In Matthew 20, Jesus tells a parable about a landowner who hires workers for his vineyard.  In the morning, he finds townspeople, hires them for a day’s wage, and puts them to work.  Midway through the day, he finds that he needs more people than he originally thought, so he hires even more townspeople on two later occasions, agreeing to pay them a day’s wage, as well.  At the end of the day, the workers come to collect, but those who started work in the beginning of the day expected to be paid more that those who started towards the end of the day, feeling that it would only be fair that way.  The landowner disagreed, “I am not being unfair to you, friend.  Didn’t you agree to work for a denarius?…I want to give the one who was hired last the same as I gave you…Or are you envious because I am generous?” (Matthew 20. 13-15).  Instead of paying what was fair, the man paid what was right, citing generosity as his motivation.  Perhaps he felt that it was not right that the others were unemployed and denied opportunity earlier in the day.  Maybe he felt that it was wrong that they couldn’t provide for their families.  Either way, through righteousness, the landowner modeled mercy and grace, which may not be fair, but is right.

When we talk about equality, we should talk less like the Pharisees who cited the law and its fair adhesion to it, but more about God’s grace and mercy, and how being merciful is right and just.  If we want life to be truly fair, then Christ’s death on the cross would not be allowed and because of our actions, we’d all deserve death.  We cannot be both fair and forgiving, as fairness means we get what we deserve, not what we need.

Would Julie ever make this mistake again?  Probably not.  It was a hard lesson to learn, but because of grace, she was being taught it so that she would learn from it.  Sometimes righteousness means having to suffer for our own good because it’s what we need, with the reason behind it being to mold us into better people.  Through righteousness, God’s deep love for us is revealed, and through His mercy, we are shaped to be people who walk closer with Him.  We can’t possibly fathom God’s plan, but we are certain as to His righteous intentions.  Amen.

Paving the Path with Calloused Understanding

In my part of the world, usually around this time of the year, the same scenario occurs regarding the safety of our children and their relationship to the environment.  Temperatures end up dipping drastically, stay well below freezing, resulting in soft, mushy snowballs becoming deadly rock-solid weapons in the hands of most.  This snow usually arrives around December, falling lightly and leaving a soft, pillowy covering on our lawns.  Sled grooves are created, snowmen are constructed, and forts abound.  Yet, by mid-January, those grooves become walking hazards, snowmen become grotesque in their features, and forts are now highly fortified bunkers.  Through repeated exposure to the cold temperatures, our once enjoyable snow becomes impenetrable, and anyone who didn’t clear off a surface back then has no chance of doing so now.

Repeated exposure to a harsh environment can harden even the softest of surfaces.  Musicians, through repeated use of their hands on their instruments, develop callouses that build up over time, hardening their skin until the they have little to no feeling in that area.  Hardened steel, a process where metal is exposed to extreme heat and then resists bending and warping, can be used in the creation of machinery.  Individuals can also become hardened through repeated exposure to harshness from others.  With the idea of the self-fulfilling prophecy, tell a person something enough times and they will eventually believe it and become that way.  Tell a child he or she is stupid and will never achieve anything academically, and sure enough, that child will be failing classes shortly thereafter.  People who reside in poor living conditions surrounded by poverty and crime quickly lose the hope they once had for getting themselves out of their situation, and even the best become hardened themselves, often times succumbing to committing the crimes that once plagued them as victims.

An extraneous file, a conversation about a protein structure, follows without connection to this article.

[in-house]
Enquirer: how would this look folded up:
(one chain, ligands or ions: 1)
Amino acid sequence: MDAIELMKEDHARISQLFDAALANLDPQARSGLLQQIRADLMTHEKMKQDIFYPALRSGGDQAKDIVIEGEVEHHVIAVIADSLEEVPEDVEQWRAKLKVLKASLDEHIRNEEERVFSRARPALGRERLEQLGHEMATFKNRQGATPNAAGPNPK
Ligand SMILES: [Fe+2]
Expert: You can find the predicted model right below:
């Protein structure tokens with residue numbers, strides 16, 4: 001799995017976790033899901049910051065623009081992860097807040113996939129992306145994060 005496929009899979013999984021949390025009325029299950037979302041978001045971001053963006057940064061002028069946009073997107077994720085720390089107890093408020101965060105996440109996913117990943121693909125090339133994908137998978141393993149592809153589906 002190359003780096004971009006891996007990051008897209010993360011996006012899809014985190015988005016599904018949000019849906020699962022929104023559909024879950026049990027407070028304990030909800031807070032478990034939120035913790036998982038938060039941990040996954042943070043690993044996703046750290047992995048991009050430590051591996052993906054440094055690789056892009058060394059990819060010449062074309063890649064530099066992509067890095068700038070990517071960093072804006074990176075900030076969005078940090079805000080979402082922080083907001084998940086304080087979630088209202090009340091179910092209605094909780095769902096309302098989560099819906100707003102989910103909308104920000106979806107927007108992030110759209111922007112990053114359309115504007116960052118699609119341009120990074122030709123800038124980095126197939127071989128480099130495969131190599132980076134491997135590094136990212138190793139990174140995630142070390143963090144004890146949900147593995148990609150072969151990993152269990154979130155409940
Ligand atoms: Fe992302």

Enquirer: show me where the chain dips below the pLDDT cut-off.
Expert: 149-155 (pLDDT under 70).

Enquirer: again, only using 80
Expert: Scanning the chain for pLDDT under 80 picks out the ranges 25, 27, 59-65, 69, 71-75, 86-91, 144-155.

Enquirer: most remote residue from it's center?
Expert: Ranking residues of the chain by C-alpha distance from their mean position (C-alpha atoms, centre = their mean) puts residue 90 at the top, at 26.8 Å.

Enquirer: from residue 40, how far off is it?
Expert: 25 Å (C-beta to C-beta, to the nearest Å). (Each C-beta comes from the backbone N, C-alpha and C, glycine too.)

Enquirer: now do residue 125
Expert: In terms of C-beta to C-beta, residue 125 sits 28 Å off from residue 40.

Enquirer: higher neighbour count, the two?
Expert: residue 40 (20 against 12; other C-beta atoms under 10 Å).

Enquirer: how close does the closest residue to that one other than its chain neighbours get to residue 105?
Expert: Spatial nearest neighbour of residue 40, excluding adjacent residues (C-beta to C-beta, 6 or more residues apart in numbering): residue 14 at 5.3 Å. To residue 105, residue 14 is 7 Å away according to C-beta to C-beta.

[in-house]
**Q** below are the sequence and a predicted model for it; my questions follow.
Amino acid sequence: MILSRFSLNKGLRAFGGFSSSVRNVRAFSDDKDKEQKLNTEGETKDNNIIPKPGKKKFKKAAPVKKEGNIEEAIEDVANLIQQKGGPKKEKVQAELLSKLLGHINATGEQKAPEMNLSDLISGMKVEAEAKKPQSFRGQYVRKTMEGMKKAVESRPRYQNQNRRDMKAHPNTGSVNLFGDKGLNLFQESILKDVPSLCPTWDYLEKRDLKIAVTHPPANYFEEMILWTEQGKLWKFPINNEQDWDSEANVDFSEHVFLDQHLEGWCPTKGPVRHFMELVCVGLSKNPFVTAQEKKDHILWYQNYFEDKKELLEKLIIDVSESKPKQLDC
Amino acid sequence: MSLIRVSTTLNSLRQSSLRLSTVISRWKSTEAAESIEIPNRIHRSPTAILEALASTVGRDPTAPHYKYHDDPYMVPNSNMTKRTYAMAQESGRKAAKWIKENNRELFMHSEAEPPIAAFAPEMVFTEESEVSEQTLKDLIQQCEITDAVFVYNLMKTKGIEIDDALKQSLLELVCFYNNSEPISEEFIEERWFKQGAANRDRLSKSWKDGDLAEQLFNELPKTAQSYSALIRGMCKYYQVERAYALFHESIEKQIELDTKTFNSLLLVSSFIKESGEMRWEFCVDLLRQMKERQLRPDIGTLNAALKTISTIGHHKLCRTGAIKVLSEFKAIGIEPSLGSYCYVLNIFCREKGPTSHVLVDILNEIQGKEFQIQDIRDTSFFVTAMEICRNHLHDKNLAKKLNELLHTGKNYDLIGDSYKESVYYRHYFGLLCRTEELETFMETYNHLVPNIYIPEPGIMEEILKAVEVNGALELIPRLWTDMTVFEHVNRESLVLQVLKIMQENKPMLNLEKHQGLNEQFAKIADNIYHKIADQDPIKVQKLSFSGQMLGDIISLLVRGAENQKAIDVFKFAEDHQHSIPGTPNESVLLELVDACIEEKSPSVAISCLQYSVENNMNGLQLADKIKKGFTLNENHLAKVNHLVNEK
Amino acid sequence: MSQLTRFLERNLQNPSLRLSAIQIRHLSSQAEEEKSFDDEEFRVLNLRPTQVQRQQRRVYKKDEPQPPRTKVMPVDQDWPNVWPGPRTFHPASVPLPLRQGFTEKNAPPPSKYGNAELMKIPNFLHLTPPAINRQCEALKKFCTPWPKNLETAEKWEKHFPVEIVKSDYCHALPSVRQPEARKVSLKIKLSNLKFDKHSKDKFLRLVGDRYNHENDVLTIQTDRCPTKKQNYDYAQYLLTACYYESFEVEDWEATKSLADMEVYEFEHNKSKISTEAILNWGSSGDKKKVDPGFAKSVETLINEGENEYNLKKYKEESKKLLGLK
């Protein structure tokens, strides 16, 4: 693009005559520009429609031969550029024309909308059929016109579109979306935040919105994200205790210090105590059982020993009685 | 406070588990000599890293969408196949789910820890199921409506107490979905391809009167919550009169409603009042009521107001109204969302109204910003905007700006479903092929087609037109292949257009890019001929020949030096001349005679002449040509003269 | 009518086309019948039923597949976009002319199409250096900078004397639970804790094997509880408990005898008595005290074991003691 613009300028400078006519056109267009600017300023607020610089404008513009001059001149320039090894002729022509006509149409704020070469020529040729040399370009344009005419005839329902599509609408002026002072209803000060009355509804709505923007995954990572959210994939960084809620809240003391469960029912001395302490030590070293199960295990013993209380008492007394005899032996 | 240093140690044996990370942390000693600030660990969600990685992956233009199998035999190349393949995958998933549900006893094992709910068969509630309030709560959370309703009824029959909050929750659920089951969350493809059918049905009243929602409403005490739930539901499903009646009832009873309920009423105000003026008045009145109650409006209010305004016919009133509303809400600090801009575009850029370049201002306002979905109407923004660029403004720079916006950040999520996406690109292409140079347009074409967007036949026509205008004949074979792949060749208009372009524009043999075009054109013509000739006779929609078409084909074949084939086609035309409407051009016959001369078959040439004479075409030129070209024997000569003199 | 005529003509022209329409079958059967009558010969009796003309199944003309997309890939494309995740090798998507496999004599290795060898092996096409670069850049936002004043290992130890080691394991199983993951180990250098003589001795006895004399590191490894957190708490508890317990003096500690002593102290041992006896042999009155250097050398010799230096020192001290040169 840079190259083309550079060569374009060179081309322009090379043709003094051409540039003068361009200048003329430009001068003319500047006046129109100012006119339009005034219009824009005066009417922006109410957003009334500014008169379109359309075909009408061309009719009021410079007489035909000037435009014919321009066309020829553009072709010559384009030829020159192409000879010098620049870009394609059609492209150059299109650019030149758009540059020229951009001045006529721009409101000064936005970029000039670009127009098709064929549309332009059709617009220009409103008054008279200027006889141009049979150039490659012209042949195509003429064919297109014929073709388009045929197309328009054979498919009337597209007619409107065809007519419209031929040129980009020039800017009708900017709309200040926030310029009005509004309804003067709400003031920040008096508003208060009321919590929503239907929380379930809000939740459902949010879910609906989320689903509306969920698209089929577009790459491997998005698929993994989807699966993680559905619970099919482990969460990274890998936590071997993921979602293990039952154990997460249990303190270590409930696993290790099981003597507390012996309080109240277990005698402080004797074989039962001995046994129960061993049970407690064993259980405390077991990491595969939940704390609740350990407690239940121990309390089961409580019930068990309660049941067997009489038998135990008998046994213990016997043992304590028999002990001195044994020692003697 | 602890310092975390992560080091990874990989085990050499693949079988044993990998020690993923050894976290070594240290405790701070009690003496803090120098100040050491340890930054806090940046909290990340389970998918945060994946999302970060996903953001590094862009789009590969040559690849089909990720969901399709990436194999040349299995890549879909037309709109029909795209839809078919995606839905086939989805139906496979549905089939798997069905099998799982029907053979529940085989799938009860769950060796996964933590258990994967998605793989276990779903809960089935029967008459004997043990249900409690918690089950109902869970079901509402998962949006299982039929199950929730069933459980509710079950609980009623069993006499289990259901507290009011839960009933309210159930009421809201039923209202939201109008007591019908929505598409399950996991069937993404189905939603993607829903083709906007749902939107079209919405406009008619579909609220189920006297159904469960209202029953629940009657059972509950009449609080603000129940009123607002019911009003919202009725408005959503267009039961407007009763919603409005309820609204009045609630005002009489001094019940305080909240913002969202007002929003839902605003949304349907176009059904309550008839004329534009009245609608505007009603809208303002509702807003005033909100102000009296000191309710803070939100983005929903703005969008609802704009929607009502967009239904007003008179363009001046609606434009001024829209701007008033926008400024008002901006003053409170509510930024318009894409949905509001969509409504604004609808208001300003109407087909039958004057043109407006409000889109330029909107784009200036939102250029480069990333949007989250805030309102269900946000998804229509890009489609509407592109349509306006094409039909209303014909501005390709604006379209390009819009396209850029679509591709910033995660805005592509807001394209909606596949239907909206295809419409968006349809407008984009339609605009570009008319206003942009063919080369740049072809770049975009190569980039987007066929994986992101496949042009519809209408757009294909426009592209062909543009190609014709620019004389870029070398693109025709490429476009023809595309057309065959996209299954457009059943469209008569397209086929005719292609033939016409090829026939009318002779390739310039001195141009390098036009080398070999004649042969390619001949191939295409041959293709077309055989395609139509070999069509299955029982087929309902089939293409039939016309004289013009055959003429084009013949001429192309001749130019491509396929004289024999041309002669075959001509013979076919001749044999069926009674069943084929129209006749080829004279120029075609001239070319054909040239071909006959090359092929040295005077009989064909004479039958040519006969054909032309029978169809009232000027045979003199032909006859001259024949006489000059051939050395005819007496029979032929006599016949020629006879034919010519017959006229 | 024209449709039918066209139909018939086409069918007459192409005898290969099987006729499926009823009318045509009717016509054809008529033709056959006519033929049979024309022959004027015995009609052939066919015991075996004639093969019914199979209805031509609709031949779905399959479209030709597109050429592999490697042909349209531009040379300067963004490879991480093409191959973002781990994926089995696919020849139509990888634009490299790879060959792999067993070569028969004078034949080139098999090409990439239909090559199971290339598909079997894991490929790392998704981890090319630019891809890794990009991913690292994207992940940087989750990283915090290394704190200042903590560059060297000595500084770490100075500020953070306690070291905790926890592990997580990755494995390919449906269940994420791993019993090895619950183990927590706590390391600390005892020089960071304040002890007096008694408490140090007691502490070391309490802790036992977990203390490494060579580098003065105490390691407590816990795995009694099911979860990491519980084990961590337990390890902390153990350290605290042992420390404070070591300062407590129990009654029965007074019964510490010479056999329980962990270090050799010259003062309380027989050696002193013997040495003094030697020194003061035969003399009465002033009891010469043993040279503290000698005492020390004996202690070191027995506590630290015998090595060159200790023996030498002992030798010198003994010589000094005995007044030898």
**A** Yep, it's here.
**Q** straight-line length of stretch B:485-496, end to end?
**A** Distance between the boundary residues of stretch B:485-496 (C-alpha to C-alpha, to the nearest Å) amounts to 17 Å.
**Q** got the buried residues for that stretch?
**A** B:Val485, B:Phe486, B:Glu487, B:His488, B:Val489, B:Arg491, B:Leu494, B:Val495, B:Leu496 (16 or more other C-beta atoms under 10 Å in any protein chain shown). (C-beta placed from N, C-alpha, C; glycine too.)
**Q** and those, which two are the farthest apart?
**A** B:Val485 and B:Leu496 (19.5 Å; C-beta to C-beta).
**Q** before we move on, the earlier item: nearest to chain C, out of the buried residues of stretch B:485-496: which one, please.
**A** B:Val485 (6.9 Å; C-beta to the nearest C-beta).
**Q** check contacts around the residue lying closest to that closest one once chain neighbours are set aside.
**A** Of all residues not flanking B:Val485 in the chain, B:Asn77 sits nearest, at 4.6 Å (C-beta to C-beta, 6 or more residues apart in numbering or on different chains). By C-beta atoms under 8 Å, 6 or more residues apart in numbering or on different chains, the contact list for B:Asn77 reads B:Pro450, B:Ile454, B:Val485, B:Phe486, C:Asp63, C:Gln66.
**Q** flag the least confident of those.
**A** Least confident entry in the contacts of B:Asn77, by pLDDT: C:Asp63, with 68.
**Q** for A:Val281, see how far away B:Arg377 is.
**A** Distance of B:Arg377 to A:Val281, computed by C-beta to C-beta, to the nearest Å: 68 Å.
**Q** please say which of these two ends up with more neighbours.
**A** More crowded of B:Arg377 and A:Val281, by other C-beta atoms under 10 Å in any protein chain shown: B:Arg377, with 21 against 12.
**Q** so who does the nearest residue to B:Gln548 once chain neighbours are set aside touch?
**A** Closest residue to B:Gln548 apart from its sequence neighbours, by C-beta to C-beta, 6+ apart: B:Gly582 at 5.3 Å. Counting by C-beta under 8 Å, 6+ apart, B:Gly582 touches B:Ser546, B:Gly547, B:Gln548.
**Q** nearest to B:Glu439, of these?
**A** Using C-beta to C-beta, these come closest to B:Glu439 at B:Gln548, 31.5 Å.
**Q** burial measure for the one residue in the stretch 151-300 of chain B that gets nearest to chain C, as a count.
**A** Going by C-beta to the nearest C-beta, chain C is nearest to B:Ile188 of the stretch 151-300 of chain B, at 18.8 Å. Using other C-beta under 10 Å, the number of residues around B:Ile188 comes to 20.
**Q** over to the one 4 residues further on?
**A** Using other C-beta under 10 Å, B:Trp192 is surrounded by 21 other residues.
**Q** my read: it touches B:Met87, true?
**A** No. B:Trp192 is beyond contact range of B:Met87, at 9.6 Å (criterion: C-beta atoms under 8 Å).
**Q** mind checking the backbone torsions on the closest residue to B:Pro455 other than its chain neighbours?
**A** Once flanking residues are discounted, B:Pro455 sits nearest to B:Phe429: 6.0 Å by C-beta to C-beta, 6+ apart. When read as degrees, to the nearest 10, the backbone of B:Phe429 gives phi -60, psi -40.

And a hardened heart is just the beginning. The result of a hardened heart frequently leads to further complications, heading the individual down a continuously wrong path.  The author of Proverbs 28.14 writes about these complications with, “Blessed is the one who always trembles before God, but whoever hardens their heart falls into trouble.”  According to the verse, not only does a hardened heart lead one towards further destructive issues, it also denies that person God’s plan and blessings.  A hardened heart can block what God’s love intends for you.  However, the verse also provides a way out for the hardened individual, a means for that person to receive His gifts:  humility.  If we are able to come before God and acknowledge His sovereignty, the result can be nothing other than a thawed and softened heart.  Recognize Him, and your path will be corrected.

In a month or so, the spring sun will begin to melt the hardened winter snow, and what was once impenetrable will become soft and accessible.  Much like the penetrating rays of the warm spring sun, God’s sovereignty can penetrate even the hardest hearts, a fact that gives hope to us all, whether on a personal or global level.  For ourselves, we can seek Him in prayer at the foot of the cross, humbling ourselves and accepting His love, allowing it to wash over us, resulting in a thawed heart filled with understanding and kindness.  However, we are also living in a time where entitled, proud world leaders unwittingly criticize everyone who seemingly goes against them, and then with hardened hearts, move forward with their plans, regardless of how it affects others, barely taking into consideration the human ramifications beyond themselves.  For them, much prayer is needed, that they too would see God not as a tool for achieving an end, but as the Heavenly ruler over all of us.  Now, more than ever, we must be praying for them and their paths, that their decisions be guided not by hardened hearts but by the humility that comes through knowing and worshiping Him.  Amen.